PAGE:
Main Photo at top of post: Chlorophyll extracted from plants with harsh solvents, and typically treated with copper to prevent oxidation.

Here’s a link if you’d like to check out the upcoming book on Amazon.com: Ingredients: A Visual Exploration of 75 Additives & 25 Food Products


Read “What Do Food Additives Look Like Before They End Up In Your Food” via Wired.com for more.

 

Too Much Omega-6 May Be Bad For Your Brain

Twenty years ago, former Massachusetts Institute of Technology researcher Dr. Barry Sears didn’t buy into the high-carb/low-fat nutritional mantra of the day, and instead championed a diet that would reduce cellular inflammation — and the world’s rising obesity rate.

Fast forward to today: diabetes diagnoses have risen nearly 180% over the last 3 decades thanks in part Sears says to the continued adherence to the high-carb/low-fat diet dogma. And now Sears thinks it’s not a coincidence that new Alzheimer’s Disease cases have risen dramatically over the same period.

In Sears’s new book, The Mediterranean Zone, he makes a strong case that a pro-inflammatory diet can be directly linked to diseases of the brain such as Alzheimer’s and Parkinson’s.

According to Sears, almost all chronic diseases can be tied to cellular inflammation which over time can negatively impact the brain.

Sears says the best approach to beating the odds of developing many diseases ranging from cancer to heart disease is to keep your cells as healthy as possible through an anti-inflammatory diet.

While Sears recommends a Mediterranean diet, and I’d say Paleo is the best way to go, the end goal is similar. Both diets promote consuming balanced meals of protein, low glycemic carbs (such as fruits and vegetables) and moderate amounts of fat that are low in omega-6 fatty acids (such as found in vegetable oils) and rich in omega-3 fatty acids.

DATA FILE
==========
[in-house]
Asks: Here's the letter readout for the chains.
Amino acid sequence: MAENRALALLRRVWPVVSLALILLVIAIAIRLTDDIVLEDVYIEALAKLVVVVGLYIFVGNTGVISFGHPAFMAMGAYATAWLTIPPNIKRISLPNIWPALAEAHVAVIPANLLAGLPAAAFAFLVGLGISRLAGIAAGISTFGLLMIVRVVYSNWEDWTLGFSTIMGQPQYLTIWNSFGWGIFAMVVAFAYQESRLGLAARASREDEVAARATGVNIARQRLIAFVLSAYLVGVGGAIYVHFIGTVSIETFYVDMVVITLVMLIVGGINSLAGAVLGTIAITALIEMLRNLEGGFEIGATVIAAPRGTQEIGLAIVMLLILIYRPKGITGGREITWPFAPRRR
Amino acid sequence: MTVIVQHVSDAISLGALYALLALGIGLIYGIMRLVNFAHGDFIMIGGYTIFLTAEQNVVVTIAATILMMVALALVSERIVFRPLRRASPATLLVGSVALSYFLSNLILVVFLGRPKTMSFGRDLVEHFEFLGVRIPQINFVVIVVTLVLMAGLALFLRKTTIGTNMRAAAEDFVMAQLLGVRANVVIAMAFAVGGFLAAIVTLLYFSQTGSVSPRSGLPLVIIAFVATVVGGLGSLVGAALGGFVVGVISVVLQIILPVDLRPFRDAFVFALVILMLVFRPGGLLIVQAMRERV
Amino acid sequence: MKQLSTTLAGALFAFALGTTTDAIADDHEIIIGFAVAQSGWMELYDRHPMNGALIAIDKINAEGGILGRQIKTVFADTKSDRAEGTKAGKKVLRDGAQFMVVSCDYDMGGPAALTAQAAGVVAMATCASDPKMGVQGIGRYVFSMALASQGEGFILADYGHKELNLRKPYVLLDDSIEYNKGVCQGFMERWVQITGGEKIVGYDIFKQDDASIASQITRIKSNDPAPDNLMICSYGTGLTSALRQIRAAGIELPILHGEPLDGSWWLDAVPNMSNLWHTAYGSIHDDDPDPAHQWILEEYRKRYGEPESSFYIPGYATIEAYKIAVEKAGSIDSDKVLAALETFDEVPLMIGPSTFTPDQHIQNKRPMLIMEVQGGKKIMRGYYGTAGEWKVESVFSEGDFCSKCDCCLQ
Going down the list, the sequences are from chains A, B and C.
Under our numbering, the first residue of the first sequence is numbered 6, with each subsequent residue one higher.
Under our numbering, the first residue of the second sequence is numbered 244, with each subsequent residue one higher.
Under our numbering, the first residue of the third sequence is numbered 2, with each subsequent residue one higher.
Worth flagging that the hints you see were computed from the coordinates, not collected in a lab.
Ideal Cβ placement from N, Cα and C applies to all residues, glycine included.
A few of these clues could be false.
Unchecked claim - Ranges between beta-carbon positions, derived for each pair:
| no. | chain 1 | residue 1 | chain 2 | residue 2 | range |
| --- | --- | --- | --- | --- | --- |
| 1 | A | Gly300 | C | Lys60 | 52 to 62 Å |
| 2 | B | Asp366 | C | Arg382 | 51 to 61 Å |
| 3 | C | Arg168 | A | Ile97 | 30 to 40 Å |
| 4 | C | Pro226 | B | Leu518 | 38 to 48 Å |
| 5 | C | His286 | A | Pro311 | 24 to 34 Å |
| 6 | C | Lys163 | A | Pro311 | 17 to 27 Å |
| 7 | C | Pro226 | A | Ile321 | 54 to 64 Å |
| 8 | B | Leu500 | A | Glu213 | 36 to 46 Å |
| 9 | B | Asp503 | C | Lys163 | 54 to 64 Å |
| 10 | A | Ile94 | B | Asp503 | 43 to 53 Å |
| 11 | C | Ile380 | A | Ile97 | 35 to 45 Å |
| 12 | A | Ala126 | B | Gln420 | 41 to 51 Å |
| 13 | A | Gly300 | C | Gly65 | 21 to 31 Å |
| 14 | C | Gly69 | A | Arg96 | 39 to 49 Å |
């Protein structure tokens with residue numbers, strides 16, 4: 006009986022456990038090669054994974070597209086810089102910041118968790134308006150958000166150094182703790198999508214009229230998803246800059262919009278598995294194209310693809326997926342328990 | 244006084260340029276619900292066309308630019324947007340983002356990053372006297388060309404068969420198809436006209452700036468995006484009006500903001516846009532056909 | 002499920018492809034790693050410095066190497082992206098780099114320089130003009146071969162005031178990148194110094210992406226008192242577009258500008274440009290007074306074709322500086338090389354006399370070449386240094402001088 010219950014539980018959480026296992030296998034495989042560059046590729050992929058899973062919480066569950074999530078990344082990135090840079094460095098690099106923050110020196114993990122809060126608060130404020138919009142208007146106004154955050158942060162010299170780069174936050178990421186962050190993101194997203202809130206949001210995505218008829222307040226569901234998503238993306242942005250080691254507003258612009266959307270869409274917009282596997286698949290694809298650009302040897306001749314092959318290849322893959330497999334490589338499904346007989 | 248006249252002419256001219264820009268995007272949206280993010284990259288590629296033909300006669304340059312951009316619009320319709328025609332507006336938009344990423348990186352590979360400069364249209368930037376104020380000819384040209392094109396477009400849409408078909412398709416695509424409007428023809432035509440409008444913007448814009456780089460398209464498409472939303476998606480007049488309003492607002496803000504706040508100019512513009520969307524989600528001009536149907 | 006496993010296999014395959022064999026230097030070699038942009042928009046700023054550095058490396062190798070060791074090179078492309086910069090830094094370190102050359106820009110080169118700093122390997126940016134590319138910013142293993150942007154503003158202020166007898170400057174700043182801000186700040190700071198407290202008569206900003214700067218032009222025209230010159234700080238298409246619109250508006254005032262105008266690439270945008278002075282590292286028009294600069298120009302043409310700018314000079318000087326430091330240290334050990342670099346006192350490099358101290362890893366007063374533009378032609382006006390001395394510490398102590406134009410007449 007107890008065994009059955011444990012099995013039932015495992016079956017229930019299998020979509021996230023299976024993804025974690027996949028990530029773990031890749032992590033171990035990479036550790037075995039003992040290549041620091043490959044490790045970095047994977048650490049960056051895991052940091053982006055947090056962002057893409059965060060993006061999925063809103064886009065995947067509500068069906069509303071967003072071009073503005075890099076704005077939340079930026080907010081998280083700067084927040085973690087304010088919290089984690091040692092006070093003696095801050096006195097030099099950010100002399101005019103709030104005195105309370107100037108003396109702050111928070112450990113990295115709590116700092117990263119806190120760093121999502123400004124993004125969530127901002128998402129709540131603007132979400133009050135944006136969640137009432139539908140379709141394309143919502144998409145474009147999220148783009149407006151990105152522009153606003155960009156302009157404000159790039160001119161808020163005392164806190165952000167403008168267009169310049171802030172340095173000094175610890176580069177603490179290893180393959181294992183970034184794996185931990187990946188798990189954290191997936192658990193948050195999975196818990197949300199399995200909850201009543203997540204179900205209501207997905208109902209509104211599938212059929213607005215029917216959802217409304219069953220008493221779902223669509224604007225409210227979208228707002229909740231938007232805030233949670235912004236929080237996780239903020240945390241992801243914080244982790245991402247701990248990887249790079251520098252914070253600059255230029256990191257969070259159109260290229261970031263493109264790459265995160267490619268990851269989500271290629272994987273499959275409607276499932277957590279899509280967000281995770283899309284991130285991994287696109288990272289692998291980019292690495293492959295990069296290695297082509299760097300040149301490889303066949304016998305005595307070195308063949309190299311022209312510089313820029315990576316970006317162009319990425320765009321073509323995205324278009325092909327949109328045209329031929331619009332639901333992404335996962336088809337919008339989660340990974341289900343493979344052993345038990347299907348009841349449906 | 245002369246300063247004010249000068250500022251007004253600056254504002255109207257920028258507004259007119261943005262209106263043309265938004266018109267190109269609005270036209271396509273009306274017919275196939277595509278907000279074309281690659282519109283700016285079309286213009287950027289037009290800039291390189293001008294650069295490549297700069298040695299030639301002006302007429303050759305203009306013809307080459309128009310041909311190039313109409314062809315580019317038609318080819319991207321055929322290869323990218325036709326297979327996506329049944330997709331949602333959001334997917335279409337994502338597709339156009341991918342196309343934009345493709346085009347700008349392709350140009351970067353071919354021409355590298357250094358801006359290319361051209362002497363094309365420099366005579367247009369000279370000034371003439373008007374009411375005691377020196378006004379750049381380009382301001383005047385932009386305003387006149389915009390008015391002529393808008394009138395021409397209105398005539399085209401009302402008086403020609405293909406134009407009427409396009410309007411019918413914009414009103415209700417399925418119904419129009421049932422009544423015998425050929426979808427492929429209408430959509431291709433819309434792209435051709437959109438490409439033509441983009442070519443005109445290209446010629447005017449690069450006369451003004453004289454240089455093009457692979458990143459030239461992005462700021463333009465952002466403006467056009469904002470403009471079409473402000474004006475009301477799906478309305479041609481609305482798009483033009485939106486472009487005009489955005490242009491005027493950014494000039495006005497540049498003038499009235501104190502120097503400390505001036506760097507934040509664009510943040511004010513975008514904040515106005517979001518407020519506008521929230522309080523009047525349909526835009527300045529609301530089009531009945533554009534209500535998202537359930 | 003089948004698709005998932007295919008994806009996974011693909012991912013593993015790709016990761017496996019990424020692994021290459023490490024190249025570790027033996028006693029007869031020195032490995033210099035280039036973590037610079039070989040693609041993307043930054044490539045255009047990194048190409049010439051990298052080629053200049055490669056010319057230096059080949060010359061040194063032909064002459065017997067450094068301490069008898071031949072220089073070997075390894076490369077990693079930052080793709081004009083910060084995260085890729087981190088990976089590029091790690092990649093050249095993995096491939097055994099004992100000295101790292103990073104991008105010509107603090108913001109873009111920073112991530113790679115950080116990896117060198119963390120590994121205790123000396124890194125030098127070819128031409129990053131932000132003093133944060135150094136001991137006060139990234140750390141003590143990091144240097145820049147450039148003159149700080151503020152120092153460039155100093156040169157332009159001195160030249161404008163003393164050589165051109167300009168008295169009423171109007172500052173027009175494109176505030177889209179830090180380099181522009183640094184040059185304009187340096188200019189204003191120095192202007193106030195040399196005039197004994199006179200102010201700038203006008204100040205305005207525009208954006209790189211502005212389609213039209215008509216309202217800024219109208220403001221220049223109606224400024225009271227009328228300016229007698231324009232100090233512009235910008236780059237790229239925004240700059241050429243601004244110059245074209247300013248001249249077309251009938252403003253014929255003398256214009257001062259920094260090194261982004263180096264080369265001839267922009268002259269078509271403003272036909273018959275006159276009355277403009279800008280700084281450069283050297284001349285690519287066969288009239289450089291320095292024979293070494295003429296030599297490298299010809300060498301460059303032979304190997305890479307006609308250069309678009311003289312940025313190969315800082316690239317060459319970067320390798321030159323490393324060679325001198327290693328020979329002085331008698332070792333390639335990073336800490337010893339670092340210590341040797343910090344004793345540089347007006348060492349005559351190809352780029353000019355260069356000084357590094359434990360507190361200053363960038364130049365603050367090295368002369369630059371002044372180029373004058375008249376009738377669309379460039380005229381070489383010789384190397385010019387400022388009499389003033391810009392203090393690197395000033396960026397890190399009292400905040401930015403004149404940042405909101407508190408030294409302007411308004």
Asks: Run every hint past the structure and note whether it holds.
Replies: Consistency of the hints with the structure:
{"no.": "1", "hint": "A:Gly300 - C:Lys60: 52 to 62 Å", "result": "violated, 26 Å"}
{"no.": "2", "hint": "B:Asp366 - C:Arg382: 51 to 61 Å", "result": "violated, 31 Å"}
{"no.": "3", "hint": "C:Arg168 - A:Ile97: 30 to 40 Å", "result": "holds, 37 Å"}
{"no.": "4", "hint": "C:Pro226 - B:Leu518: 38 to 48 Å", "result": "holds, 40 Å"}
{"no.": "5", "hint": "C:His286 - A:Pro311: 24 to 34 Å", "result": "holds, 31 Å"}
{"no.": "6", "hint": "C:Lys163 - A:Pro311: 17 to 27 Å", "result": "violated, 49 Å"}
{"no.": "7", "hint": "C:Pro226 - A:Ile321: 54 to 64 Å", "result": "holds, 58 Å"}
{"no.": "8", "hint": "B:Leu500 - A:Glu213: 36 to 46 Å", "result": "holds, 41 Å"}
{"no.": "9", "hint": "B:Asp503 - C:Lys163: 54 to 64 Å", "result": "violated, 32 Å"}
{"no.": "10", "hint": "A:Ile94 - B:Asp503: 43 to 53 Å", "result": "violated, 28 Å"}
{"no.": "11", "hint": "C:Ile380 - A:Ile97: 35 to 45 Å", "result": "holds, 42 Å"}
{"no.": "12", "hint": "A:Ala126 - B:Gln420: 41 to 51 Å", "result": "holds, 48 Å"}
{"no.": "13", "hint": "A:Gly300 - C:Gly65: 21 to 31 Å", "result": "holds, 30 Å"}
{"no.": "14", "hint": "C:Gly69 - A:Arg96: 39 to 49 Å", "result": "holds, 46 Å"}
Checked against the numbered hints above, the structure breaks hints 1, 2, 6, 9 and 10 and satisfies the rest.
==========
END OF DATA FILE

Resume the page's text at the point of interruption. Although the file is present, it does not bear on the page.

Sears points out the typical American diet includes way too much omega-6 fatty acids…up to 20-times more than omega-3. It’s no surprise fast food meals loaded with vegetable oils are one of the biggest offenders.

Due to the inflammatory properties of omega-6, Sears speculates this 20:1 fatty acid imbalance may explain many psychological and emotional issues people experience today, and omega-6 rich diets may even raise an individual’s propensity for violent behavior.

Sears cites studies that seem to indicate high doses of omega-3 fatty acids may help in the treatment of depression, ADHD and anxiety.

The point in Sears’s assessment is you need to cut way back on omega-6 and other foods that may cause cellular inflammation, and make a conscious effort to work more omega 3 fatty acids into your diet.

Wild salmon is one of the best natural sources for omega-3. Stay away from farm raised salmon – producers are increasingly using vegetables oils rich in omega-6 to feed the fish.

Sears also says only the Japanese eat enough fish to properly balance the omega-6 to omega-3 ratio, and the best solution for most people is enhancing their anti-inflammatory diets with high-quality omega-3 supplements made from anchovies and sardines.

Read “What Our Diet Is Doing To Our Brains” via Forbes online for more.